The few highs and brutal lows of Islanders’ season

So much of success or failure comes down to luck. The Islanders couldn’t control starting the season with 13 straight road games. They couldn’t control a COVID-19 outbreak, or the NHL refusing to postpone their games until it was too late, or the league instituting a holiday pause just as they were starting to play well.

The Islanders (8-12-6) are in last place in the Metropolitan Division and may be in need of a miracle to make the postseason. Since getting healthy, they’ve played a better brand of hockey, but they still have a penchant for deflating losses. They dropped four games in overtime in December and also lost to the Predators with 11.5 seconds to go on Dec. 9.

The Islanders have done their best to keep the right attitude and avoid frustration, at least publicly. But going into the break with two games postponed and three players — Mathew Barzal, Matt Martin and Robin Salo — in COVID-19 protocol had to be deflating.

“You’re starting to feel good about your game,” Islanders coach Barry Trotz said. “The players know when they’re on. The coaches know when you’re getting to that level. And then you want to keep playing cause you’re feeling good about your own game. And usually you get the results.”

It’s been a tough season for Barry Trotz and the Islanders.
AP

Here’s a look back at the first 26 games of the season, heading into the holiday break:

Best win

6-2 over the Canadiens on Nov. 4

This was the most dominant game the Islanders played all season. They went into a hostile road environment and took a 5-0 lead into the third period. It has been a while since the Islanders played a similarly complete game. They took that momentum to Winnipeg, where they beat the Jets 2-0 in a game that also deserves an honorable mention for this slot. Then, upon their return to the States, the season fell apart.

Runner up: 5-3 over the Senators on Dec. 7

Worst loss

4-1 to the Rangers on Nov. 24

Before the puck dropped at UBS Arena the night before Thanksgiving, there were jokes in the press box that the game would be canceled. And really, that would have been the best course of action for the Islanders. Due to injuries and the peak of their COVID-19 outbreak, the Islanders played that night without five of their top six defensemen. They also had three call-up forwards from Bridgeport, including Richard Panik on the first line. Naturally, it wasn’t the most competitive affair.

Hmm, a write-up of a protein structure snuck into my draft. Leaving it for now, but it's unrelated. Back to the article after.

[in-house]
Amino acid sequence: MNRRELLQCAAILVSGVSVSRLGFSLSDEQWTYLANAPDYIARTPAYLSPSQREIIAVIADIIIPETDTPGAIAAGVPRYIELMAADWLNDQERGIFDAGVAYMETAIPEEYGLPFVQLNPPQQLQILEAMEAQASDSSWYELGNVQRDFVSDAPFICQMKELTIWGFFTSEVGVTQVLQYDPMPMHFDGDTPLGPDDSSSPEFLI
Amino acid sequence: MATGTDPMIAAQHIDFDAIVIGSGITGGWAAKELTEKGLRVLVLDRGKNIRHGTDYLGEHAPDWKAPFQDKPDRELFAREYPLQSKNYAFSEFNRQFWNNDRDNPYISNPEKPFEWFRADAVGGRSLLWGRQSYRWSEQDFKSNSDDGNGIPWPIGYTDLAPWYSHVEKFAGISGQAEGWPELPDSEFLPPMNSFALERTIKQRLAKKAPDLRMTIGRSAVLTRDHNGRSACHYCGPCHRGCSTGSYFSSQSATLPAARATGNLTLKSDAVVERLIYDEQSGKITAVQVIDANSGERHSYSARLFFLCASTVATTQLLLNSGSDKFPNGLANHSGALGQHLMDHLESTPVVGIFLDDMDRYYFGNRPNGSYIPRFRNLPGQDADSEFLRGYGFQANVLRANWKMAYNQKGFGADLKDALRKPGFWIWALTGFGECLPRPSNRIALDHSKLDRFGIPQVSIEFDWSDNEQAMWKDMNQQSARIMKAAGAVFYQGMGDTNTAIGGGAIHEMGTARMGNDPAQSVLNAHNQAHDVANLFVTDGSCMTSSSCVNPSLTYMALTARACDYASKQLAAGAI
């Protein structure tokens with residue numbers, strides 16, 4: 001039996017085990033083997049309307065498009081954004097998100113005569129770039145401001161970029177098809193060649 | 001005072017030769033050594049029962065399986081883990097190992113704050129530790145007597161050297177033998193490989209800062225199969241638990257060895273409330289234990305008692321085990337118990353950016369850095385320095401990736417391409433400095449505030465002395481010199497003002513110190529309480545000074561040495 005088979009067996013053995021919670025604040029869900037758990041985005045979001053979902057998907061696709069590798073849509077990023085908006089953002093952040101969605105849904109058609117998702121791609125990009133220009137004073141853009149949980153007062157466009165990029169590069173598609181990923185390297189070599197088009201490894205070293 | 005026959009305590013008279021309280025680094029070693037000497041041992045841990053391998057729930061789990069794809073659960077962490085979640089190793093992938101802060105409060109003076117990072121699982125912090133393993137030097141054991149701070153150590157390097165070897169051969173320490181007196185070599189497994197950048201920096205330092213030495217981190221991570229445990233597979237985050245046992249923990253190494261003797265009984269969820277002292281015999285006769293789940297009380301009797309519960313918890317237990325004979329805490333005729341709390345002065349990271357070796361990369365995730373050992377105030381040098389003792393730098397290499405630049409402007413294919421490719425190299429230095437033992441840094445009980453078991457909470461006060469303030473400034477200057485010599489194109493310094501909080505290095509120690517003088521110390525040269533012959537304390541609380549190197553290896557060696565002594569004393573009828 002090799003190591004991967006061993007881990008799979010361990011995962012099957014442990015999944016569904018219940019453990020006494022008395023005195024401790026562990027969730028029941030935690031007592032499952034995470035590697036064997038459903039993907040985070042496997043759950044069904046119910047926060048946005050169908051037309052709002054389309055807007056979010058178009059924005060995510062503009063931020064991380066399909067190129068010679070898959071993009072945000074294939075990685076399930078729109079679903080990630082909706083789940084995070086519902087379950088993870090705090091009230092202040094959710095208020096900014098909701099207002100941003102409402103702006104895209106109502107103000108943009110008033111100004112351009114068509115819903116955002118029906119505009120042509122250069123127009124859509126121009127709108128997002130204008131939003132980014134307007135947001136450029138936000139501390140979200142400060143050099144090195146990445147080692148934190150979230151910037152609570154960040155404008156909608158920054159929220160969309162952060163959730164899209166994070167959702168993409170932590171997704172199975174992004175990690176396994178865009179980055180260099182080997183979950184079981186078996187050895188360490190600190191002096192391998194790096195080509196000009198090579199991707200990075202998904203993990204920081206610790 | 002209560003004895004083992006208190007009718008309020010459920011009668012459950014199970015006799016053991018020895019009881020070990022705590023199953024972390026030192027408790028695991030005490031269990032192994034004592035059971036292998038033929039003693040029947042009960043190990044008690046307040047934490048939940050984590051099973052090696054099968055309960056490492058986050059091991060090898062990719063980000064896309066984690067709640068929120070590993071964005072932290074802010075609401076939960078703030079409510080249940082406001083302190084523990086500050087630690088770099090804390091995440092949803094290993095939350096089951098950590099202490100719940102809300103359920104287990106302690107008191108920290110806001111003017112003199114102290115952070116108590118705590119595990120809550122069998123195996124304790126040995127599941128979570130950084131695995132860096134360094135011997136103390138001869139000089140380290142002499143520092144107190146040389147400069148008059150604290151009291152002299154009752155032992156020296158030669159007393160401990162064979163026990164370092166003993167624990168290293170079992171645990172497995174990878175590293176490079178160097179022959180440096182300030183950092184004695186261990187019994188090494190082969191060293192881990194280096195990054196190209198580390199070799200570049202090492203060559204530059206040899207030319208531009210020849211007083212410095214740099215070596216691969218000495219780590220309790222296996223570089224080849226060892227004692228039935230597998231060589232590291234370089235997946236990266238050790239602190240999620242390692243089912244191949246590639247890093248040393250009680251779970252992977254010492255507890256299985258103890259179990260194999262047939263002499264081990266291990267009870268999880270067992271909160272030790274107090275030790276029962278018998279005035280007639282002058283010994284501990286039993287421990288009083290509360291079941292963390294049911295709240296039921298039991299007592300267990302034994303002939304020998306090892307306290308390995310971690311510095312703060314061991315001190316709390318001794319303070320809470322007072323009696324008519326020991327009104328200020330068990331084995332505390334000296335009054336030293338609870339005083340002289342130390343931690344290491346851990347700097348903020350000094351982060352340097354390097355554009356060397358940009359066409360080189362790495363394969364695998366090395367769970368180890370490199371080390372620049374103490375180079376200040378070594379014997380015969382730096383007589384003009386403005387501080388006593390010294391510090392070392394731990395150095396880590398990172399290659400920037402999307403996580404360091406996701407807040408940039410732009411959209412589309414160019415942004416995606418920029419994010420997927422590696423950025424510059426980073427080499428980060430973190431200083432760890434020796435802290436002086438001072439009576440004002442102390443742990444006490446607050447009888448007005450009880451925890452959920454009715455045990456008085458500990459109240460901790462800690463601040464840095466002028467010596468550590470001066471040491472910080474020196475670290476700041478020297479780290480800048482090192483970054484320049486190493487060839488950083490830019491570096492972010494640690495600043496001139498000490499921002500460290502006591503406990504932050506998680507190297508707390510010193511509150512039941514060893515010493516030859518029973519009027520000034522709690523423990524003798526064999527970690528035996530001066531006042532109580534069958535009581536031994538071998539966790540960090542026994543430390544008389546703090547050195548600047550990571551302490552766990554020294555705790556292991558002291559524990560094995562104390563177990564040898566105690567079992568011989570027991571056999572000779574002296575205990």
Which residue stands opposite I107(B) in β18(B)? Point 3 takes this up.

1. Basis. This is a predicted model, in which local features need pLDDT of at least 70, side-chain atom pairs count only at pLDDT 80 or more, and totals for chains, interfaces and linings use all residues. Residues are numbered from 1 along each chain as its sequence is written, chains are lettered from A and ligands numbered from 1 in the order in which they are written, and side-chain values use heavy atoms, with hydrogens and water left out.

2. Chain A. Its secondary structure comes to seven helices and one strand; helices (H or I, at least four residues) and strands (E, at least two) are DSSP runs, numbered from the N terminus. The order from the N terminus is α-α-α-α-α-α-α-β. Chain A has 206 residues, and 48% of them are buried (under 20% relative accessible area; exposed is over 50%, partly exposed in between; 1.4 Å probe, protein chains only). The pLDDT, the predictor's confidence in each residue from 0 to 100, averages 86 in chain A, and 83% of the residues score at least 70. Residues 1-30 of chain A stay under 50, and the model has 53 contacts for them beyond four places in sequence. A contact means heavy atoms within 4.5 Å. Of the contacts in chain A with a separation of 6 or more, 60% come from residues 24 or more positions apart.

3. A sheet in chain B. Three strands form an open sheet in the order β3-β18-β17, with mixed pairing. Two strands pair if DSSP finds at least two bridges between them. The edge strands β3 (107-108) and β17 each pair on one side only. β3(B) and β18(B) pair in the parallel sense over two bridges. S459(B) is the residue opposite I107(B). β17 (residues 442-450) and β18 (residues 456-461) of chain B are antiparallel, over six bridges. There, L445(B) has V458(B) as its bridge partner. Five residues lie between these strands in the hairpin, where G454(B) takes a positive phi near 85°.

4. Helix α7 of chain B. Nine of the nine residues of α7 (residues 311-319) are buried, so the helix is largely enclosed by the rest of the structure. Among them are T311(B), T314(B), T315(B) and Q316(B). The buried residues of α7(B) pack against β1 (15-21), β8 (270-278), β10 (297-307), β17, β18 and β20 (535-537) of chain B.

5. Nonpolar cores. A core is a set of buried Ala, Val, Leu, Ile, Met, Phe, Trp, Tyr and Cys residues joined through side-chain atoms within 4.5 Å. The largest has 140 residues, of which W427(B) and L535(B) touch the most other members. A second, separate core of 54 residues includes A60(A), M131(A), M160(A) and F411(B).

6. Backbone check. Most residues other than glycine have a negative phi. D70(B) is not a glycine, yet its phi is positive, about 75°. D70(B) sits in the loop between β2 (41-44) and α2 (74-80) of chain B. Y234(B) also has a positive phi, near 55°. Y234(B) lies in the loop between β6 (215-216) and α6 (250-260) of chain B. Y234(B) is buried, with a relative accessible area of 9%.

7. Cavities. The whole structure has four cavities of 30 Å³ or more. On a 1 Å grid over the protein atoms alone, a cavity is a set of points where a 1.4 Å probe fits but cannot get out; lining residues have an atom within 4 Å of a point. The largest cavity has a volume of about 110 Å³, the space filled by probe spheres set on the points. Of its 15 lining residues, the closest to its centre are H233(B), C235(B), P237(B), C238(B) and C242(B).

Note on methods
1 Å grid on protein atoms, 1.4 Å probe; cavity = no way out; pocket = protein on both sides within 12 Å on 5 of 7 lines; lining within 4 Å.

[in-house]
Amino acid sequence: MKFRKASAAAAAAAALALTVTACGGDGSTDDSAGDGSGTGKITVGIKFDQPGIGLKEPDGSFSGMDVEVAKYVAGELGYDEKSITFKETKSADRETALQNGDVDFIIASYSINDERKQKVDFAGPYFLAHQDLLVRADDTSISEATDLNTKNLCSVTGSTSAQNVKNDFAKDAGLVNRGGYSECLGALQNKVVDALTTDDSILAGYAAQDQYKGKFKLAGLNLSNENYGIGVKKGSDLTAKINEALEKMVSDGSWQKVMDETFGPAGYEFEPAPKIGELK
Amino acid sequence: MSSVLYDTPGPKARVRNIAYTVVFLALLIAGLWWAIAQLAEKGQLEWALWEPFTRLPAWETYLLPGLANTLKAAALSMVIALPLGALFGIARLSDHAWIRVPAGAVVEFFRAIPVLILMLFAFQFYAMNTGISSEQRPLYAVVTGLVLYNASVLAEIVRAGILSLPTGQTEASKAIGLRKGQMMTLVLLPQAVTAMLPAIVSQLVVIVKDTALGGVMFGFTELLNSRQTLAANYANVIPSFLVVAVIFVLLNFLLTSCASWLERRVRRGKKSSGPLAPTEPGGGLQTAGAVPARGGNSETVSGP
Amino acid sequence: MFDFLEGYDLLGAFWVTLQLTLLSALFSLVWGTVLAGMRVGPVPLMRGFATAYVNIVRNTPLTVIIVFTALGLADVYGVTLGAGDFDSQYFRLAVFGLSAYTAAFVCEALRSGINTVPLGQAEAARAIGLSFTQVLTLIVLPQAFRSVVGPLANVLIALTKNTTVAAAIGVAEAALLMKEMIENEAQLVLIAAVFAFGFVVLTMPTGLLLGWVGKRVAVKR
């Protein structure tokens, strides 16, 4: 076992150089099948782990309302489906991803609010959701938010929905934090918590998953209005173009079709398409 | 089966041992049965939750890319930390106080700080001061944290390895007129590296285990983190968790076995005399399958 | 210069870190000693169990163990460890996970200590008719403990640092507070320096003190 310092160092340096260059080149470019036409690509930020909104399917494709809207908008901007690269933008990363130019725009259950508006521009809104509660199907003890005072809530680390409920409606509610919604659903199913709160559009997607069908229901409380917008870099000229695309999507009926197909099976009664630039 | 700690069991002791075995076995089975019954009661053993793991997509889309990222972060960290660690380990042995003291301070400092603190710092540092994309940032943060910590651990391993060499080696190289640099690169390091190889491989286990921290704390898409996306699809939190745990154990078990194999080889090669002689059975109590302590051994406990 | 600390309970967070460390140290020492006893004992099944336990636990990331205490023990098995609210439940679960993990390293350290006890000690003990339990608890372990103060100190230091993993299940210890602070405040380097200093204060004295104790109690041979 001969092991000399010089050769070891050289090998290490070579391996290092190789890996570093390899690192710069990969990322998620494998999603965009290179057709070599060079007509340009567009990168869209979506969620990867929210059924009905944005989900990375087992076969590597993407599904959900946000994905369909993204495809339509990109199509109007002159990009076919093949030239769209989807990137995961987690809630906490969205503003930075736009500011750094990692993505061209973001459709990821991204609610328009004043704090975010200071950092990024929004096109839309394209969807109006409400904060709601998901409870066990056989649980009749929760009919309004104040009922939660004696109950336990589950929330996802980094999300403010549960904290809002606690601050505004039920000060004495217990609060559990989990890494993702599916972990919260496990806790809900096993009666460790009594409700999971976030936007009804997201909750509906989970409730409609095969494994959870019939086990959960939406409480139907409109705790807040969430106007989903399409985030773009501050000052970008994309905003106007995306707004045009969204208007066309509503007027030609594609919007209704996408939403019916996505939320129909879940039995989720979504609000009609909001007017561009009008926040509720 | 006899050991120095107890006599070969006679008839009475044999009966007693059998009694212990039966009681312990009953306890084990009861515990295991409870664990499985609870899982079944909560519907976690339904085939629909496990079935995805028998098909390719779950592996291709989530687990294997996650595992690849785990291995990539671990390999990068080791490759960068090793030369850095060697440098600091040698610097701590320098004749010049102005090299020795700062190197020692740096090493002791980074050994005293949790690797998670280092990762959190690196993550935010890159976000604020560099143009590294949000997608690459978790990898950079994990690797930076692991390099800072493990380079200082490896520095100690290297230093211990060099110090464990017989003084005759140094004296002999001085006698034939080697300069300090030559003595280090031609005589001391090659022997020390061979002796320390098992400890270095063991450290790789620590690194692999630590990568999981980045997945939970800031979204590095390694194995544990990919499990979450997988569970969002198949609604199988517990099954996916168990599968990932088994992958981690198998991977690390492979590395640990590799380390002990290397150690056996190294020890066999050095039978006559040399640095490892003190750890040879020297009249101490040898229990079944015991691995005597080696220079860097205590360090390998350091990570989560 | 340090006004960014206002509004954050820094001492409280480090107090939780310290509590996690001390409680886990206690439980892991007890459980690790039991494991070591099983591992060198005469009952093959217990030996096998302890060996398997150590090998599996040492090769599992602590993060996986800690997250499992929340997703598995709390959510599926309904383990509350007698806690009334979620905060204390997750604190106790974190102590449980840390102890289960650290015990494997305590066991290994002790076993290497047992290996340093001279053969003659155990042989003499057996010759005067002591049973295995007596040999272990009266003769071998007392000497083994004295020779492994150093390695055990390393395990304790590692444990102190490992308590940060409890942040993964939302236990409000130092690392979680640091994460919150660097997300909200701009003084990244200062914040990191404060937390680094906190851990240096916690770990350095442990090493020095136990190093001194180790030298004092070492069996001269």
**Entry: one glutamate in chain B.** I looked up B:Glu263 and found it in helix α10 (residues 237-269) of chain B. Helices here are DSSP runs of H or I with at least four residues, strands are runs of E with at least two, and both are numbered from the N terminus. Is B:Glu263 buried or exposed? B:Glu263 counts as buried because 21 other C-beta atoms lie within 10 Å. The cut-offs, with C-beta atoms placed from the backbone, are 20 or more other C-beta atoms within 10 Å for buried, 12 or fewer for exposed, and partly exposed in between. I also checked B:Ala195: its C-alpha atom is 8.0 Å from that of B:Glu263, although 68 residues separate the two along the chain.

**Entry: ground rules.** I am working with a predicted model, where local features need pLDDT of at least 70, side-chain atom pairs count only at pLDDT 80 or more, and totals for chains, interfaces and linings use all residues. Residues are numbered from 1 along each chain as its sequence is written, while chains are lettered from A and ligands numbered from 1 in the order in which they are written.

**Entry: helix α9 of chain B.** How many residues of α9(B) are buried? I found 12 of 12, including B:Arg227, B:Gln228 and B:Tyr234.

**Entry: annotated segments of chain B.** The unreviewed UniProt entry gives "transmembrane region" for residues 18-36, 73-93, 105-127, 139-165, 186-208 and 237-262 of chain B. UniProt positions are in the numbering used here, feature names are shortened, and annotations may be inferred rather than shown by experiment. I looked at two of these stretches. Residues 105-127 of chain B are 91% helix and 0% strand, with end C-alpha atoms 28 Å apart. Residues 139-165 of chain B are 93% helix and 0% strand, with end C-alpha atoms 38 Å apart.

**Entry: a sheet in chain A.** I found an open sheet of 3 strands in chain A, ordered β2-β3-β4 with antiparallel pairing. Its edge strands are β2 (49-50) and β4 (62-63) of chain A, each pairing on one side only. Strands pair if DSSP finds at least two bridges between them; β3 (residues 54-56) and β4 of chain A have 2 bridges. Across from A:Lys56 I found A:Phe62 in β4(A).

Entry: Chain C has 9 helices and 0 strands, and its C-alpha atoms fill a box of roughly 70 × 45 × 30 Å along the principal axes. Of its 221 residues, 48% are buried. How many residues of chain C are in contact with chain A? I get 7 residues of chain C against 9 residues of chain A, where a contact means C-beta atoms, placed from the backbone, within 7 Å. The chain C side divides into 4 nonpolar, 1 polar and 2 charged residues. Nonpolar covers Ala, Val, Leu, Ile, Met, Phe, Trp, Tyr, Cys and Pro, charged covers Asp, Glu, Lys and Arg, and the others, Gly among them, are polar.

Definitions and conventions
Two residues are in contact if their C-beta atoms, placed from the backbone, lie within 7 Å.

Runner up: 6-1 to the Panthers on Nov. 16

Islanders
The Islanders lost to the Rangers on Nov. 24 at UBS Arena.
Robert Sabo

Best moment

First win at UBS Arena

It came three full weeks after the arena opened, but the Islanders waited so long to open the $1.1 billion building that their first win would have been special no matter when it happened. And a 4-2 victory over the Devils on Dec. 11 was indeed a good memory for all involved. Adding to the emotion, Zach Parise scored the go-ahead goal, not only against his former club, but also on what would have been his late father J.P.’s 80th birthday.

Runner up: Brock Nelson’s four goals at Montreal on Nov. 4.

Surprisingly impactful player

Oliver Wahlstrom

At the break, Wahlstrom’s 15 points (eight goals, seven assists) have him second on the team. Though that’s in part because Nelson and Anders Lee missing time, the 21-year old Wahlstrom has opened eyes, particularly in recent weeks. Wahlstrom has started to look to pass more often instead of keeping his focus on scoring and his play has earned praise from Trotz. He has earned more playing time, and perhaps an extended look on the top line.

Runner up: Noah Dobson

Islanders
Oliver Wahlstrom is making an impact for the Islanders this season.
Getty Images

Biggest disappointment

The Identity Line

It’s worth noting that the threesome of Matt Martin, Casey Cizikas and Cal Clutterbuck looked much improved the last time they played together, on Dec. 16 against the Bruins. Swapping out Martin for Ross Johnston has helped, too. But a 28.6 goals for percentage and 48.2 expected goals percentage, compared to 50 percent and 53.6 percent last season, encapsulates much of the Islanders’ problems. This was the best fourth line in hockey, a group that inspired other teams — including the Rangers — to go out and build their own identity lines. It has decidedly not been on that level this season.

Runner up: Zdeno Chara

MVP

Ilya Sorokin

If not for Sorokin, things would be so much worse for the Islanders. His play in net allowed them to mask a lot of their issues until COVID-19 hit, and he kept them in games in which they wouldn’t otherwise have had a chance. When Sorokin started the season’s first nine games, he was the biggest reason things didn’t fall apart sooner. The second-year Russian has played like a No. 1 goaltender, plain and simple.

Runner up: Mathew Barzal

What they wanted for Christmas

Ryan Pulock’s return

If Pulock comes back against the Red Wings on Wednesday, it would be just over six weeks since he sustained a lower-body injury against the Lightning on Nov. 15. He hadn’t begun skating as of Dec. 20, when the Islanders last held practice, so it’s not yet clear whether he’ll need time in addition to the initial prognosis of 4-6 weeks. The Islanders have missed him greatly, and once he’s back — and potentially paired with Adam Pelech again — they should begin to play much more like their typical selves.

Runner up: A Kyle Palmieri goal